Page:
India is better-placed to attract global investors
DUBAI: Indian economy is resilient despite a global downturn and its relative robust growth is attractive enough for global investors in a world largely devoid of growth, a leading asset management expert said. "Valuations are tad below long-term average and earnings growth is expected to revive this year," said Vikas Gautam, chief executive officer, Aditya Birla Sun Life Asset Management Company Ltd. Speaking to Khaleej Times, Gautam said his company has a very strong investor base in the GCC thanks to a host of products and services offered to suit the requirements of investors.
"We hope to see a rising demand for our products and services from investors in the GCC on the back of India's strong growth prospects." "India is predominantly a domestic demand driven economy and the government's inclusive growth initiatives on infrastructure spending, and lag effect of the seventh pay commission are helping to maintain strong growth," he said.Gautam noted that most macro fundamentals have improved in India, albeit aided by lower commodity prices.
"While the current account deficit has benefited from lower energy and other commodity prices, strong FDI inflows have ensured India's external balance less dependent on volatile portfolio inflows. "There is a gradual recovery in economic growth and Reserve Bank of India's focus on inflation control has put the real interest rate firmly in positive territory. RBI's reserve accretion has increased India's import cover to almost 11 months. Improved macro fundamentals, positive real interest rates, strong external balance, Forex reserve adequacy and low external debt are positives for Indian rupee," said Gautam.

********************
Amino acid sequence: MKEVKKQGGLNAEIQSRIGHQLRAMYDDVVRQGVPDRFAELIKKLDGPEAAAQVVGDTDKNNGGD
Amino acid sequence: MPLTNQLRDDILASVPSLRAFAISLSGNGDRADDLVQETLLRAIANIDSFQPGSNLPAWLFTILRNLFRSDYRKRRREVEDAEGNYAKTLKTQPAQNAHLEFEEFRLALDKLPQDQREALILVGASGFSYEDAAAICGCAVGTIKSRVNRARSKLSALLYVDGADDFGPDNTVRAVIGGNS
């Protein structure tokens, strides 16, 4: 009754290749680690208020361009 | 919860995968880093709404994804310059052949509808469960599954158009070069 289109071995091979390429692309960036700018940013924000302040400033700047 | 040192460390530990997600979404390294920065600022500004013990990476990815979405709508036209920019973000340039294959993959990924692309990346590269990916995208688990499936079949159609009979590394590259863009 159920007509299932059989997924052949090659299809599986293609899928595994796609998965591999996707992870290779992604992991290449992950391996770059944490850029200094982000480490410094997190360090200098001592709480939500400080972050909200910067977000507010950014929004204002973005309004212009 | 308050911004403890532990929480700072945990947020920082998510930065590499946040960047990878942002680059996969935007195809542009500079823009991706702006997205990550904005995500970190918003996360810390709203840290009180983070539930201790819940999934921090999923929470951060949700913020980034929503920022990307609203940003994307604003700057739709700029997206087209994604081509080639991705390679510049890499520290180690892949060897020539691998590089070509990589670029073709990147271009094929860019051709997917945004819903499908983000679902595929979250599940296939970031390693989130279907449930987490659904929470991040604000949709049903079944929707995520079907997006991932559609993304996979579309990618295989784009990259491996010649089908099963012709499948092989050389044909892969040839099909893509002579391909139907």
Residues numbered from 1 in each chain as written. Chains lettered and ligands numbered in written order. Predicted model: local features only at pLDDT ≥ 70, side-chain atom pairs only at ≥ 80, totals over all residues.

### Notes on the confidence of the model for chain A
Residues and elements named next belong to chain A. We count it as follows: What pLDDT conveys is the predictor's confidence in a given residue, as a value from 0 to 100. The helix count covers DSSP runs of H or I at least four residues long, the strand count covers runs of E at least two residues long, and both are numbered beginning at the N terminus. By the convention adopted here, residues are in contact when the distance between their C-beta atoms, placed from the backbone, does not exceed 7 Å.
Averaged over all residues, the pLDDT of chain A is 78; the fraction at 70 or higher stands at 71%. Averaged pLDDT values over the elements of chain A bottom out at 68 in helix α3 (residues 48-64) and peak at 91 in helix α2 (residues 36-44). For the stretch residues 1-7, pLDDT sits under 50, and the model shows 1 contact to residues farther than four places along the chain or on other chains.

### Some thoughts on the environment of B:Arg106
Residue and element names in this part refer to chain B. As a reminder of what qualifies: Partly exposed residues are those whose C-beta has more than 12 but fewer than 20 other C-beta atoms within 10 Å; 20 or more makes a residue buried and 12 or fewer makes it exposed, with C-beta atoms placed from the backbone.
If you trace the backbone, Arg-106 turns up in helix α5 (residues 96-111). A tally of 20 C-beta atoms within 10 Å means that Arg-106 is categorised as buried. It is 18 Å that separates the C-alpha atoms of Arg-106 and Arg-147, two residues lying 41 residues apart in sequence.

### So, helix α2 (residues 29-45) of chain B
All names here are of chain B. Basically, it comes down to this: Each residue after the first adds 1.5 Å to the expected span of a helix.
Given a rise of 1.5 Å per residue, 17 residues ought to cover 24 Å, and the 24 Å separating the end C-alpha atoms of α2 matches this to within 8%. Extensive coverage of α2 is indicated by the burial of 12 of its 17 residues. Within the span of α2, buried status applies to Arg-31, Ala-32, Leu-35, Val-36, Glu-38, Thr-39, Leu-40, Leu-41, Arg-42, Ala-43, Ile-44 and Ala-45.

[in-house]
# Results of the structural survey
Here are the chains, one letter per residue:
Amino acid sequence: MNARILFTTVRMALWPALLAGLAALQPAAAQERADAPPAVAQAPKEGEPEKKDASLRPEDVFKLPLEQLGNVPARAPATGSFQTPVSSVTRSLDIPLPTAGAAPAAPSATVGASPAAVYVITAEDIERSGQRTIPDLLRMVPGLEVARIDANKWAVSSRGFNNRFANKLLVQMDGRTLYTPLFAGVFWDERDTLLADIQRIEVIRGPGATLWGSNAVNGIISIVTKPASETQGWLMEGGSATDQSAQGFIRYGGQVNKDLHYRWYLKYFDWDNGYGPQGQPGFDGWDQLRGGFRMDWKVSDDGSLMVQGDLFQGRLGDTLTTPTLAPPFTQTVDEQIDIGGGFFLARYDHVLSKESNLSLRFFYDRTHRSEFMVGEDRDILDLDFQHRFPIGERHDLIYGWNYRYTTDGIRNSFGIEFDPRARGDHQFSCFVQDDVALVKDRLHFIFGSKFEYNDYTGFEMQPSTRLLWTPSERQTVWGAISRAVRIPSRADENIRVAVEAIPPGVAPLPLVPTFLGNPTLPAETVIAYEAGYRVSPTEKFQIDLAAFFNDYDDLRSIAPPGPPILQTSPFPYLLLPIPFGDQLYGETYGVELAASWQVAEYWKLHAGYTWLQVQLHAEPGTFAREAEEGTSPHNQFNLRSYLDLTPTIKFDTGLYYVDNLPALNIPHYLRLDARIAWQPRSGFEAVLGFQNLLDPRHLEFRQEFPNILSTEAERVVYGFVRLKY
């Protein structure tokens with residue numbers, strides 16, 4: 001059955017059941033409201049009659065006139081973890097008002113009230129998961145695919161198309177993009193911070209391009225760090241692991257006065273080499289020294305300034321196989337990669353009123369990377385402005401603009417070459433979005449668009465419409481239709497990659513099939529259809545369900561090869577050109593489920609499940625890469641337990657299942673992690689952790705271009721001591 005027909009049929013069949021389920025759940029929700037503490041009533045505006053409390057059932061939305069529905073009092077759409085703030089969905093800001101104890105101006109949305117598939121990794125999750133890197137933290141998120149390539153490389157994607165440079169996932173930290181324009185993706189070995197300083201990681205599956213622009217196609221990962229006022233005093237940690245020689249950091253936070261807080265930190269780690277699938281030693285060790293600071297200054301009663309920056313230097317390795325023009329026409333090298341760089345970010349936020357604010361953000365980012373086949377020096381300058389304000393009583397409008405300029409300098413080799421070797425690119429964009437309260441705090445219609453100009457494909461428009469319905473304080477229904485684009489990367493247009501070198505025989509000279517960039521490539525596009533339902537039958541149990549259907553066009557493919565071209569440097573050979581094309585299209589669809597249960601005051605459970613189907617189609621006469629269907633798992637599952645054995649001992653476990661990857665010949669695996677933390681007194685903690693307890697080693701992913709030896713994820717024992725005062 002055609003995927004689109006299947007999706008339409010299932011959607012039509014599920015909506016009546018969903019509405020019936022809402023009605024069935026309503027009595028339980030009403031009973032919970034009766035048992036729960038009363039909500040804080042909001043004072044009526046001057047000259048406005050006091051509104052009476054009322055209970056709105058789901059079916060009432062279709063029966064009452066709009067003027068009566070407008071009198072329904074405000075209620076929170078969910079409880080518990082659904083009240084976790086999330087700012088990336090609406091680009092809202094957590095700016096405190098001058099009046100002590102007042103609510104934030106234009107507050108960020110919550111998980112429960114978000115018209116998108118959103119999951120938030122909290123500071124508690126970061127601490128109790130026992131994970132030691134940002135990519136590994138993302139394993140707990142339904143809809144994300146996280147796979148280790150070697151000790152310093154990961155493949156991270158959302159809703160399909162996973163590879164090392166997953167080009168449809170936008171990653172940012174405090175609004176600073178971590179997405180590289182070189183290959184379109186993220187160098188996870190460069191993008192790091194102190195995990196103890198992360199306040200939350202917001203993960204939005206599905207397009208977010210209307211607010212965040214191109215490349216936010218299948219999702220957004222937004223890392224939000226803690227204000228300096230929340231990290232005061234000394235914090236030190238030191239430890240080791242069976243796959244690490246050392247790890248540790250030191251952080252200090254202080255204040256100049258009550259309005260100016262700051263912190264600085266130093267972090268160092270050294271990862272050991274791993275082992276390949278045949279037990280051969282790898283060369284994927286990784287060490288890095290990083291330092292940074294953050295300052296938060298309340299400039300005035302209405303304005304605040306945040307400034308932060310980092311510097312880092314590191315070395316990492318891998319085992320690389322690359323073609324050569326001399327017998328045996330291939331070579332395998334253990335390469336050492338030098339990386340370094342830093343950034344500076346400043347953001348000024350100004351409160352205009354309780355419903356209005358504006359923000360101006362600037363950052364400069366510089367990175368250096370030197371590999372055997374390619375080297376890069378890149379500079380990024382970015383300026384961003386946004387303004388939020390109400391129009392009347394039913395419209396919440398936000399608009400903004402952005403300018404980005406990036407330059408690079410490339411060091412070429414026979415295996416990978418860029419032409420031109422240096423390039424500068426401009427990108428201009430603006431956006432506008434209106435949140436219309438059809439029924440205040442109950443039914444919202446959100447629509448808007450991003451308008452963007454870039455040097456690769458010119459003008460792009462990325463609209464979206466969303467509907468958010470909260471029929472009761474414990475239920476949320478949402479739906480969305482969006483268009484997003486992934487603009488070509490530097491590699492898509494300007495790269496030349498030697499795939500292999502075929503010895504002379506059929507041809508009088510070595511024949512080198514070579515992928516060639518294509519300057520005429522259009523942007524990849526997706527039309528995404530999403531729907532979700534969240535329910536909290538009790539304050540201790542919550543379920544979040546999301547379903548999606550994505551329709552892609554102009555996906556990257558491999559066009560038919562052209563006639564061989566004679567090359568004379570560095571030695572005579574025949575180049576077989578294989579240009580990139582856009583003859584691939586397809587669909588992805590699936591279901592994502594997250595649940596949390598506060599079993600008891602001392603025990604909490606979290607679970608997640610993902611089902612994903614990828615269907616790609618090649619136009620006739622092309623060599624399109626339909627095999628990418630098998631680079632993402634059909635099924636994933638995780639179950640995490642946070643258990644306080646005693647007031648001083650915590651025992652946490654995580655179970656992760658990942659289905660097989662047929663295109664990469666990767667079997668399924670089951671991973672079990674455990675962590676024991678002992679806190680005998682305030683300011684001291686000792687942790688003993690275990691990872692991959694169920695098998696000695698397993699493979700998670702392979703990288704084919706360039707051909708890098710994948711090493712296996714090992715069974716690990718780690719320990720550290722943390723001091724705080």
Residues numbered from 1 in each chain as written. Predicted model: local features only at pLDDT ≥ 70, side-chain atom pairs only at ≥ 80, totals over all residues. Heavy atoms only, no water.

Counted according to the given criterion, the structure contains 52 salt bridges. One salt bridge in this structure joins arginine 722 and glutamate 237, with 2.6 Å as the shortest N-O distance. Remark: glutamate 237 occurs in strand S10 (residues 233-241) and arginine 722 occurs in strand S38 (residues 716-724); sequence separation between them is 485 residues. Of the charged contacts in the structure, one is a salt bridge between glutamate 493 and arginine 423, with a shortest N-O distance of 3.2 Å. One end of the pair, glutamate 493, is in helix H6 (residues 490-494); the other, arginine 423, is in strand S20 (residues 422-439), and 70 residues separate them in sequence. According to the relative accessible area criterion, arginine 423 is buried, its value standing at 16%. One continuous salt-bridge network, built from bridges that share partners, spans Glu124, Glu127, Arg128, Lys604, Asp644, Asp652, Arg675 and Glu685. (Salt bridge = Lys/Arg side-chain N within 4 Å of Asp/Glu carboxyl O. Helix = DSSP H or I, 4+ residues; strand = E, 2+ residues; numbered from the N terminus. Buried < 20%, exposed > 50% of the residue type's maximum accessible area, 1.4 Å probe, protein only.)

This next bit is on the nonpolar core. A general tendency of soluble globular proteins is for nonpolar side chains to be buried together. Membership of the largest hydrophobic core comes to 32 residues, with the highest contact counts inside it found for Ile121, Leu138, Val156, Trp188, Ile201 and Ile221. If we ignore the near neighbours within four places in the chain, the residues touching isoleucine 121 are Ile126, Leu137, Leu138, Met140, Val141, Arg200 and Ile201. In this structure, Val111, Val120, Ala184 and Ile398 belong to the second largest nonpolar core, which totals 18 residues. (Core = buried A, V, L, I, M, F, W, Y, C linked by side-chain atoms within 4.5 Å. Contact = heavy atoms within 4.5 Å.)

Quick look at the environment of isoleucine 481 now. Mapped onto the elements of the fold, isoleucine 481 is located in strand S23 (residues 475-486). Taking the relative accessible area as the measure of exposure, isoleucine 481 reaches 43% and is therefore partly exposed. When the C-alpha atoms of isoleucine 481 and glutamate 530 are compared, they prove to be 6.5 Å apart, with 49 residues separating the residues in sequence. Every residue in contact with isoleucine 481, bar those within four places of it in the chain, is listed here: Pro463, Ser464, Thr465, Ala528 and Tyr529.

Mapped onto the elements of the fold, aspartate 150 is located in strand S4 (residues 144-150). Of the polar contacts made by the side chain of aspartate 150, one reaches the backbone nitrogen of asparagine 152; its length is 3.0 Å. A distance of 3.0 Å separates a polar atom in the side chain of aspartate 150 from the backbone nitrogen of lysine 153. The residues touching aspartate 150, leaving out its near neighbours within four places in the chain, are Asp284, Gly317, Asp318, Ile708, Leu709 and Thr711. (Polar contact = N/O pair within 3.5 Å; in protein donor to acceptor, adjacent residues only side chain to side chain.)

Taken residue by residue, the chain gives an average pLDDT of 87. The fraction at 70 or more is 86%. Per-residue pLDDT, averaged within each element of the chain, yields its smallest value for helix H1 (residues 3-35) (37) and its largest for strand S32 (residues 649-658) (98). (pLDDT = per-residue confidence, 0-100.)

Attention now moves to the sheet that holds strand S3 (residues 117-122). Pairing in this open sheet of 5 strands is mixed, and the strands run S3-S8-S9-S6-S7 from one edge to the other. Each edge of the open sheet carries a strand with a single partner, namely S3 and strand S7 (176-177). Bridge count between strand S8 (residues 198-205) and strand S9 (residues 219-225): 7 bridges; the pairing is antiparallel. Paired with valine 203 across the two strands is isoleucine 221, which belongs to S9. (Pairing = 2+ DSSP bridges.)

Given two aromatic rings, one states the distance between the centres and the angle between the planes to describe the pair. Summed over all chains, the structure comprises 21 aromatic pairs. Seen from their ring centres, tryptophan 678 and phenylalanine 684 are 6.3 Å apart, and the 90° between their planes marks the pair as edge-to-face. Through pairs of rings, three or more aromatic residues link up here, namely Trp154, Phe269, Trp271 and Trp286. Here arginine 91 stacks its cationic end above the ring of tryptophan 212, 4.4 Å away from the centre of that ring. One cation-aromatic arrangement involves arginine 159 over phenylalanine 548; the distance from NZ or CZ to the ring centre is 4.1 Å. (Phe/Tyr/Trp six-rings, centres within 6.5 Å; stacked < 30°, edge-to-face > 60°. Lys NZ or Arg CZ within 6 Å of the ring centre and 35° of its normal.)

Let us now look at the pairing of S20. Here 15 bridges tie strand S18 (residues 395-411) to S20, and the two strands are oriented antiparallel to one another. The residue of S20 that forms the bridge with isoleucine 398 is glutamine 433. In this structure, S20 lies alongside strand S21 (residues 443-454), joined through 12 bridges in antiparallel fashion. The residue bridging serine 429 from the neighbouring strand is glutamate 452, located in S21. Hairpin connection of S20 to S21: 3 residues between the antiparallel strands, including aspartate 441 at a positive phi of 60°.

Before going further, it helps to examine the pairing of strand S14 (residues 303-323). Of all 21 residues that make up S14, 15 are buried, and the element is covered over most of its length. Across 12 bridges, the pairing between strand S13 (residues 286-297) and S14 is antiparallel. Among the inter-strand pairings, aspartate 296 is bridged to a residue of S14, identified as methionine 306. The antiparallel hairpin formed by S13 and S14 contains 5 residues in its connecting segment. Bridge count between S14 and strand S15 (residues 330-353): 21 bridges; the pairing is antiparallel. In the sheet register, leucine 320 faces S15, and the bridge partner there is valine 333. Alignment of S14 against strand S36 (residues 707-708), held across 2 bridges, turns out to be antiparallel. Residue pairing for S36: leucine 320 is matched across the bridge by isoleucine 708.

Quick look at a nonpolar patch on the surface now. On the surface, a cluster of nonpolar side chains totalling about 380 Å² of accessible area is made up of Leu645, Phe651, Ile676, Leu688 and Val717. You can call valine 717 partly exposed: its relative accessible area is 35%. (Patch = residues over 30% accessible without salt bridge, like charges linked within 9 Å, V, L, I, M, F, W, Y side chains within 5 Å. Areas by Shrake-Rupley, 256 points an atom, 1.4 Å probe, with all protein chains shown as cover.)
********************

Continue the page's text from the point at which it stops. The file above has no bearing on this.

The World Bank and the International Monetary Fund have predicted that India would remain the fastest growing large economy in 2016 at 7.8 per cent far outpacing China's growth of 6.7 per cent as the world economy as a whole would grow at 2.9 per cent. "India should matter more for Indian investors. The trade similarity of India with China is low and hence there no issue to severe competition from China. The lower commodity prices are positive for India as it goes ahead with its investment in infrastructure," Gautam said.
However, much lower commodity prices for prolonged period may be negative due to total risk off globally, he said. "Even if there is a risk off due to companies or countries going bankrupt, the solutions are themselves self-correcting. In such a situation, the bounce back can be swift. It is very difficult to predict such an event and its timing. The key is to be invested in strong companies, performing funds and not to take leveraged bets. India provides a great opportunity of sustained economic growth and its markets provide large set of diversified companies one can choose from for their investment," said Gautam. Normally, US rate hikes result in a flight to safety to US, leading to trouble in emerging markets. The vulnerability depends on level of external debts, foreign exchange reserves, current account deficit and the state of the economy amongst other things. However, unlike other emerging markets, the impact of future US interest rate hikes on capital flows out of India will be very less. "In fact, strong macroeconomic fundamentals are likely to attract more investors to India," he said.